But is this greed? Giving away money? Well, it’s an indirect sign of greed (and misplaced priorities), kind of like agreeing to treat a friend to lunch, if you don’t have to work. Why not make work wait and put more value in your friend? What about agreeing to work an overtime shift when you had already promised to tutor the neighbour’s kid? How much money is a broken promise worth, and what kind of message does it send to the child? Driving to and fro to go shopping and run errands, but not wanting to use any gas to visit family? But is the solution to buy expensive gifts at Christmas to make up for that nagging guilt from not putting people first? Money is not the solution to problems that aren’t money-based! Greed makes us think that it is, and I think that TV promotes this, so anyone who watches it, no matter what culture they come from, is susceptible. I’ve noticed subtle signs in my own behaviour, like a reluctance to share an idea, because someone else might run with it and make money that I had hoped to make. (Like there aren’t enough ideas/money in the world!) Lately, I’ve been trying to decide what to do with my career — cling to my job as long as I can, because I might make some good money, or should I be letting go and embracing new ideas (that might not be profitable right away).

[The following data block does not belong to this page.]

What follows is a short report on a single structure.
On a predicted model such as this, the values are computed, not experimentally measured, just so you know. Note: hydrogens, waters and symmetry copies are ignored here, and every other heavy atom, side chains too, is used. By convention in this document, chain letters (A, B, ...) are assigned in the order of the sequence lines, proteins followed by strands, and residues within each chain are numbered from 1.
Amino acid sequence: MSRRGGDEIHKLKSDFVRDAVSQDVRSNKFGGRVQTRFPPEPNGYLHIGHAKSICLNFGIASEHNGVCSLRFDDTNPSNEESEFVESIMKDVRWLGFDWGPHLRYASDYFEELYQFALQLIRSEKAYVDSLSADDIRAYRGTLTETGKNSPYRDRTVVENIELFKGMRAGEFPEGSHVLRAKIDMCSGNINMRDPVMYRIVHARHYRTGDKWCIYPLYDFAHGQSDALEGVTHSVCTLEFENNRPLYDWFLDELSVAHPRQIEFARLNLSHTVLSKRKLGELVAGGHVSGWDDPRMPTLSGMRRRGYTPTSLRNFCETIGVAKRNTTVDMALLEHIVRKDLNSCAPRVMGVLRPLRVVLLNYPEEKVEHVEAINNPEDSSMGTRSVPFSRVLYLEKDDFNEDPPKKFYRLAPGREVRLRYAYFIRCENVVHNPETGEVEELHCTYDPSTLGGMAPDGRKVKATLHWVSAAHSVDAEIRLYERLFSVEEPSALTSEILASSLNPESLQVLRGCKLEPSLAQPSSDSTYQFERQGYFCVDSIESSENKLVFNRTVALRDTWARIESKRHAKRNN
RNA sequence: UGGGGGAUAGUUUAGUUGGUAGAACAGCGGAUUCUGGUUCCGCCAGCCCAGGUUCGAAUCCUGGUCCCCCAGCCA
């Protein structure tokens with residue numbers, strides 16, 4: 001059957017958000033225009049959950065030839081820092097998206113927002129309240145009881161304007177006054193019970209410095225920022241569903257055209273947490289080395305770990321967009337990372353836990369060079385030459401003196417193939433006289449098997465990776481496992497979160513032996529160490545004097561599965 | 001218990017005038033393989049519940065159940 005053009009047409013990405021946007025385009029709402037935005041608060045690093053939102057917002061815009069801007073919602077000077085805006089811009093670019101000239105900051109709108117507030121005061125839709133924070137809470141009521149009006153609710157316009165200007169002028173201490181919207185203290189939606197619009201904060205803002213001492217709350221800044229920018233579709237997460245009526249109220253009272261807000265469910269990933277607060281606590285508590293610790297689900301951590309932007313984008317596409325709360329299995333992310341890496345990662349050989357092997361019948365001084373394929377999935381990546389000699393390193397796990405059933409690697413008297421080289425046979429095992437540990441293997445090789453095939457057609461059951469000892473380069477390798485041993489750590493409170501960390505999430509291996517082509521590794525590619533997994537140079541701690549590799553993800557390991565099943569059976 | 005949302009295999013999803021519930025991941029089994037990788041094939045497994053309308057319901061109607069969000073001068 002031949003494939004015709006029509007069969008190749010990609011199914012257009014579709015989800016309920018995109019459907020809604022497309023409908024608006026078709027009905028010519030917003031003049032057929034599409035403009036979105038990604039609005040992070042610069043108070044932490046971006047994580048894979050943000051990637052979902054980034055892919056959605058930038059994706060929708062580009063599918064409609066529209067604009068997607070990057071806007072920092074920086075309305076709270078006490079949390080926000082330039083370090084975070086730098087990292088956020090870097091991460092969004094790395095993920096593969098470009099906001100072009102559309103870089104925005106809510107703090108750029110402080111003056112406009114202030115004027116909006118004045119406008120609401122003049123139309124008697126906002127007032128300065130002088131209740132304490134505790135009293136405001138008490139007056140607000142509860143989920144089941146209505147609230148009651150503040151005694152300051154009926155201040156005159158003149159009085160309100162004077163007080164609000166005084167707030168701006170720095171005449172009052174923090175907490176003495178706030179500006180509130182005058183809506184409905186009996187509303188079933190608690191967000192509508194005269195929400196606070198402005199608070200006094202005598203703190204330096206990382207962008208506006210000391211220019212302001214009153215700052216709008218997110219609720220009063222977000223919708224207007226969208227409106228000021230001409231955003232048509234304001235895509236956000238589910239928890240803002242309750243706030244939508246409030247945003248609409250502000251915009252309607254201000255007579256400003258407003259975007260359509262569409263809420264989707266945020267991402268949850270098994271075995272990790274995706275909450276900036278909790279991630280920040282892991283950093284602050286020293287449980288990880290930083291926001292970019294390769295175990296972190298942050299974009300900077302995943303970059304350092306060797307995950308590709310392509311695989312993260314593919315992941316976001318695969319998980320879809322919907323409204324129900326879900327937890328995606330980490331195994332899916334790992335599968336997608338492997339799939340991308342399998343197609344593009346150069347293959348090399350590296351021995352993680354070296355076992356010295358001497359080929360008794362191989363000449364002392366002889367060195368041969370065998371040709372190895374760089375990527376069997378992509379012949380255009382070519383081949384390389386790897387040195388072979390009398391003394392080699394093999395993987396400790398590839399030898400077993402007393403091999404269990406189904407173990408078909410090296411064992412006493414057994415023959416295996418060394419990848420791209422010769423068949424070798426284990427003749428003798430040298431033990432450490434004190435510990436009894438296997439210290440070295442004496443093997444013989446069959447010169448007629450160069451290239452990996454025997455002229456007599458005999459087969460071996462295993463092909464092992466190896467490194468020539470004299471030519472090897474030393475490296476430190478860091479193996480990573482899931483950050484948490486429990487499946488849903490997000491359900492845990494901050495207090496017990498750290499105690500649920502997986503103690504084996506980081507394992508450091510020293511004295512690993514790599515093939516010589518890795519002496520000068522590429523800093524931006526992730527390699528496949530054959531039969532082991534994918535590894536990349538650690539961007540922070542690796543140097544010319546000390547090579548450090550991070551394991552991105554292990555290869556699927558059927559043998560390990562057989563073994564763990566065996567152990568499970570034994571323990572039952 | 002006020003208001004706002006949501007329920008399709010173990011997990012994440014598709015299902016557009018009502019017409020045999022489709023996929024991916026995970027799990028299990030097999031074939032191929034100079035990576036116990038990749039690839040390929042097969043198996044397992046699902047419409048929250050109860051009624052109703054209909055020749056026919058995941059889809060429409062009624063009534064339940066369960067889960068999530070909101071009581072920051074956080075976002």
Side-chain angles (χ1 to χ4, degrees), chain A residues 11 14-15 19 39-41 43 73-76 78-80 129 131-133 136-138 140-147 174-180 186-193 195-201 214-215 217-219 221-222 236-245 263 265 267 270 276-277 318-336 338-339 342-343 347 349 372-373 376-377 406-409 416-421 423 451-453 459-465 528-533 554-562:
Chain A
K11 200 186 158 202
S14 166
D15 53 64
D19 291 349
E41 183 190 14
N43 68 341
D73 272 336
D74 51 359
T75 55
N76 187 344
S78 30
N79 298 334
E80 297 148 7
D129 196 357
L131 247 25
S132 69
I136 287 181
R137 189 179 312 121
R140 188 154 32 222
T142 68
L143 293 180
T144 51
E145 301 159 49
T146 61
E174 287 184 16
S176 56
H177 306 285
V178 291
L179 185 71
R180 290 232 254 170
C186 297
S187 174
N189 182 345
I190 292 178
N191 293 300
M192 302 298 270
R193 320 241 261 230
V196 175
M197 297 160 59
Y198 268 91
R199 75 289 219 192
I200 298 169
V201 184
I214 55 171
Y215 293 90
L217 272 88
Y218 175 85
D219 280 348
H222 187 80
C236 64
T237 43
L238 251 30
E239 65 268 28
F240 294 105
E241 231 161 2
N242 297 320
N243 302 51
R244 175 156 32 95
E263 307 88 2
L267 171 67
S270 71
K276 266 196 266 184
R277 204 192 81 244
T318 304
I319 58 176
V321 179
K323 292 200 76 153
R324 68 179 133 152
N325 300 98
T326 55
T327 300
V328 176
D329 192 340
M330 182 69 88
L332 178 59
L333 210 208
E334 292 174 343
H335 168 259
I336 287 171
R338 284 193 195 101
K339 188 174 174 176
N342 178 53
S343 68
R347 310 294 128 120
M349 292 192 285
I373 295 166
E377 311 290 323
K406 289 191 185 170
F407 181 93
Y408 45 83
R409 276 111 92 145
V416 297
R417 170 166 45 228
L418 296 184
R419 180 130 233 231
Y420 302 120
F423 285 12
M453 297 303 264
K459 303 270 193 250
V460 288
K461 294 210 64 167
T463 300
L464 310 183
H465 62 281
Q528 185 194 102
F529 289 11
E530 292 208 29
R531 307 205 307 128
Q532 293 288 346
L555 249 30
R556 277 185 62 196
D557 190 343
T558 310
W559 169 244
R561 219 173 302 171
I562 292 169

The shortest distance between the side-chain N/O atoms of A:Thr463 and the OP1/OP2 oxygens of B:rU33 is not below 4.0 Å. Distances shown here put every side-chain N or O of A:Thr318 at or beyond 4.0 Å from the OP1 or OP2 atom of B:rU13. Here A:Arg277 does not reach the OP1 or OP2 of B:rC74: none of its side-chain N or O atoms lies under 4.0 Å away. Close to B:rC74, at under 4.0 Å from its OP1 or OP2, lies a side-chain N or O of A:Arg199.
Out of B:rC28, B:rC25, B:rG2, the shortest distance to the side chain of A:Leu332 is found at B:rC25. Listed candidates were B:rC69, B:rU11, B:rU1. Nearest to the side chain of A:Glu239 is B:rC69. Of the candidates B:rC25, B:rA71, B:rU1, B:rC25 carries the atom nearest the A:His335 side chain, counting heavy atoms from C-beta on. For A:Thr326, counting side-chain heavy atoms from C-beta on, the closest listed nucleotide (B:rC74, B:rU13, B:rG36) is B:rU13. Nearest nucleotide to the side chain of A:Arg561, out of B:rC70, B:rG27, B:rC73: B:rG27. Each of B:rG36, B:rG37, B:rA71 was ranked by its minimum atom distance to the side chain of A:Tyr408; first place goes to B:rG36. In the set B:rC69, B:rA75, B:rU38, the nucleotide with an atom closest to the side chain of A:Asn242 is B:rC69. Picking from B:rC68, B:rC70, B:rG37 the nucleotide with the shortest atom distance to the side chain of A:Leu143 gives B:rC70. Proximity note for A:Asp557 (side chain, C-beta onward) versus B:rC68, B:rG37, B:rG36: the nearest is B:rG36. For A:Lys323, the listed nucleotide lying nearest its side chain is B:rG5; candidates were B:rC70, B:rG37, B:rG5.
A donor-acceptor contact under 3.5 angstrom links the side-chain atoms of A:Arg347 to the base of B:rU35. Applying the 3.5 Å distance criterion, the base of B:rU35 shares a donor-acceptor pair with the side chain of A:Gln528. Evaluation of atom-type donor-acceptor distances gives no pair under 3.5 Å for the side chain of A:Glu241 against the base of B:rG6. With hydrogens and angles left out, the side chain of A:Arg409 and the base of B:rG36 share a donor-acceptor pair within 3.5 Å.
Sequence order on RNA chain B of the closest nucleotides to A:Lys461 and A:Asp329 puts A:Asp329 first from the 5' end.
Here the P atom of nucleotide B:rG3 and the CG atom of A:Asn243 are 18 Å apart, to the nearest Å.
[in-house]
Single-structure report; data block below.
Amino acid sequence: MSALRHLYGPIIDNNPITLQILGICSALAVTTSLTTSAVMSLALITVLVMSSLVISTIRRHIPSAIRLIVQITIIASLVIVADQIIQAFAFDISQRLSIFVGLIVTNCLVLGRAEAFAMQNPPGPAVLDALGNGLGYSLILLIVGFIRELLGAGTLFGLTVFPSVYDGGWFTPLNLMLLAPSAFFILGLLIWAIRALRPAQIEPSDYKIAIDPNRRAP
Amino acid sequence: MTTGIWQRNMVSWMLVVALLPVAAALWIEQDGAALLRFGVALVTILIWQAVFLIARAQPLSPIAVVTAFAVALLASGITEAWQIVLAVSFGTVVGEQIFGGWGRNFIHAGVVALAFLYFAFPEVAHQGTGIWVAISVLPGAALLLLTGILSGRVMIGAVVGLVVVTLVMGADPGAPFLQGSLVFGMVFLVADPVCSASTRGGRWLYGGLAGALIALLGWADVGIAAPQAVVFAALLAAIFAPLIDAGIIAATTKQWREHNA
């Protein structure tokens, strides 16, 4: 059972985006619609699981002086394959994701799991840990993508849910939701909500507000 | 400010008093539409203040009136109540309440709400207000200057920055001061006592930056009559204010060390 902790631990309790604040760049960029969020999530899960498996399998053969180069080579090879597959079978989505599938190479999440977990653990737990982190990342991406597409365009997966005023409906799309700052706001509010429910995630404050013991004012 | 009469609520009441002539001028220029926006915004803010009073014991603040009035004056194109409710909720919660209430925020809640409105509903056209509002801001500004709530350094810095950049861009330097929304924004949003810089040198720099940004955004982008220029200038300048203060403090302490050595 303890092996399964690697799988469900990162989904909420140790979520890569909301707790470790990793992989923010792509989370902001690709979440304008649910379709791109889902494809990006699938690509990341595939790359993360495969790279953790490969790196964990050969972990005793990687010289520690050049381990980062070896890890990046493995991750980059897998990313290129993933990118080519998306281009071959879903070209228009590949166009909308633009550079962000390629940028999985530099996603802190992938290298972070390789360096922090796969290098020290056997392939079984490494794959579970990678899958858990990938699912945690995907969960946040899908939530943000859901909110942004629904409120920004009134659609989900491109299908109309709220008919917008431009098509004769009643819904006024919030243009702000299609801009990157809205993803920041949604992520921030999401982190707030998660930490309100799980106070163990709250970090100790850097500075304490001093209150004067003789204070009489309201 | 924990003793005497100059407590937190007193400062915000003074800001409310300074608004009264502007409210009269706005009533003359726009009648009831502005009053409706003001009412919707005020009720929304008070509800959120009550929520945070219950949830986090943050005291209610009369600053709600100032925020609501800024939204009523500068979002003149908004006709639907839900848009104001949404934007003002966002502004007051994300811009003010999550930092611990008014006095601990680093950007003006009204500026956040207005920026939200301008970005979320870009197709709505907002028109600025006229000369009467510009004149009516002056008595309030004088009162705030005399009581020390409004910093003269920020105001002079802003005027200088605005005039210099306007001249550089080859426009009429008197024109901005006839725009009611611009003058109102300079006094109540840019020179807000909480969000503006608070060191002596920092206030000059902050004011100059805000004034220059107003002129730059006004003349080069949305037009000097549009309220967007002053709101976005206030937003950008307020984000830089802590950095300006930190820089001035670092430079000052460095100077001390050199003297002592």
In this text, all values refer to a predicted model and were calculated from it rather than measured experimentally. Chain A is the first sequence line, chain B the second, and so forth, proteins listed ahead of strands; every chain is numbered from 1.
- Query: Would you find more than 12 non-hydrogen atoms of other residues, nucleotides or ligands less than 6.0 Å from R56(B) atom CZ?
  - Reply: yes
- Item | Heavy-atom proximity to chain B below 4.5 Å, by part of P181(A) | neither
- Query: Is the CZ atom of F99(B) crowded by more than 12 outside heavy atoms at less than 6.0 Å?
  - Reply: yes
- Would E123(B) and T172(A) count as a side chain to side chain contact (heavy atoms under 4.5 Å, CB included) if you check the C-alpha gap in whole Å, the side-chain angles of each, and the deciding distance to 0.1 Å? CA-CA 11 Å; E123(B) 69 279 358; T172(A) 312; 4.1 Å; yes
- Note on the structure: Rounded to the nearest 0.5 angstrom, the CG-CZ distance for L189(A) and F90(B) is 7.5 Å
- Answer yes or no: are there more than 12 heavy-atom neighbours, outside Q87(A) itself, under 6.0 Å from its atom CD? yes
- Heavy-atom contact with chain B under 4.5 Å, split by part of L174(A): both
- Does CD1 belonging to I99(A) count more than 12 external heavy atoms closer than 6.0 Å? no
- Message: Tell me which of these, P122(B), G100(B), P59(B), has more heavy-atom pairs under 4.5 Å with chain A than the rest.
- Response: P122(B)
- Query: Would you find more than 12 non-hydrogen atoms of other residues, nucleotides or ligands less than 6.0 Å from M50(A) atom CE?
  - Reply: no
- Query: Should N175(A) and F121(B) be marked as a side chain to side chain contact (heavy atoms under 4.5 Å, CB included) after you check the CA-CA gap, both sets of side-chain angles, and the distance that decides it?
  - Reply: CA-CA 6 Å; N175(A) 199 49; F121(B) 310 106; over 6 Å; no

Thus, this blog’s title emerges: how not to fix a problem. Don’t throw money at it unless your problem is debt. Do spend the time to think about the root of the problem or challenge, and think or talk through the best solution. Don’t be afraid to embrace the “messy” solution. When you catch yourself about to spend money, check if you are trying to solve a problem that money won’t solve. Some people spend compulsively, but they are actually lonely, insecure, or unhappy for some reason. Don’t be afraid to look deeply and see what is true for you. It’s not the capital “T” Truth — it doesn’t define who you are — but it’s where you are right now. Lastly, think about how you’d really like to be, and become it.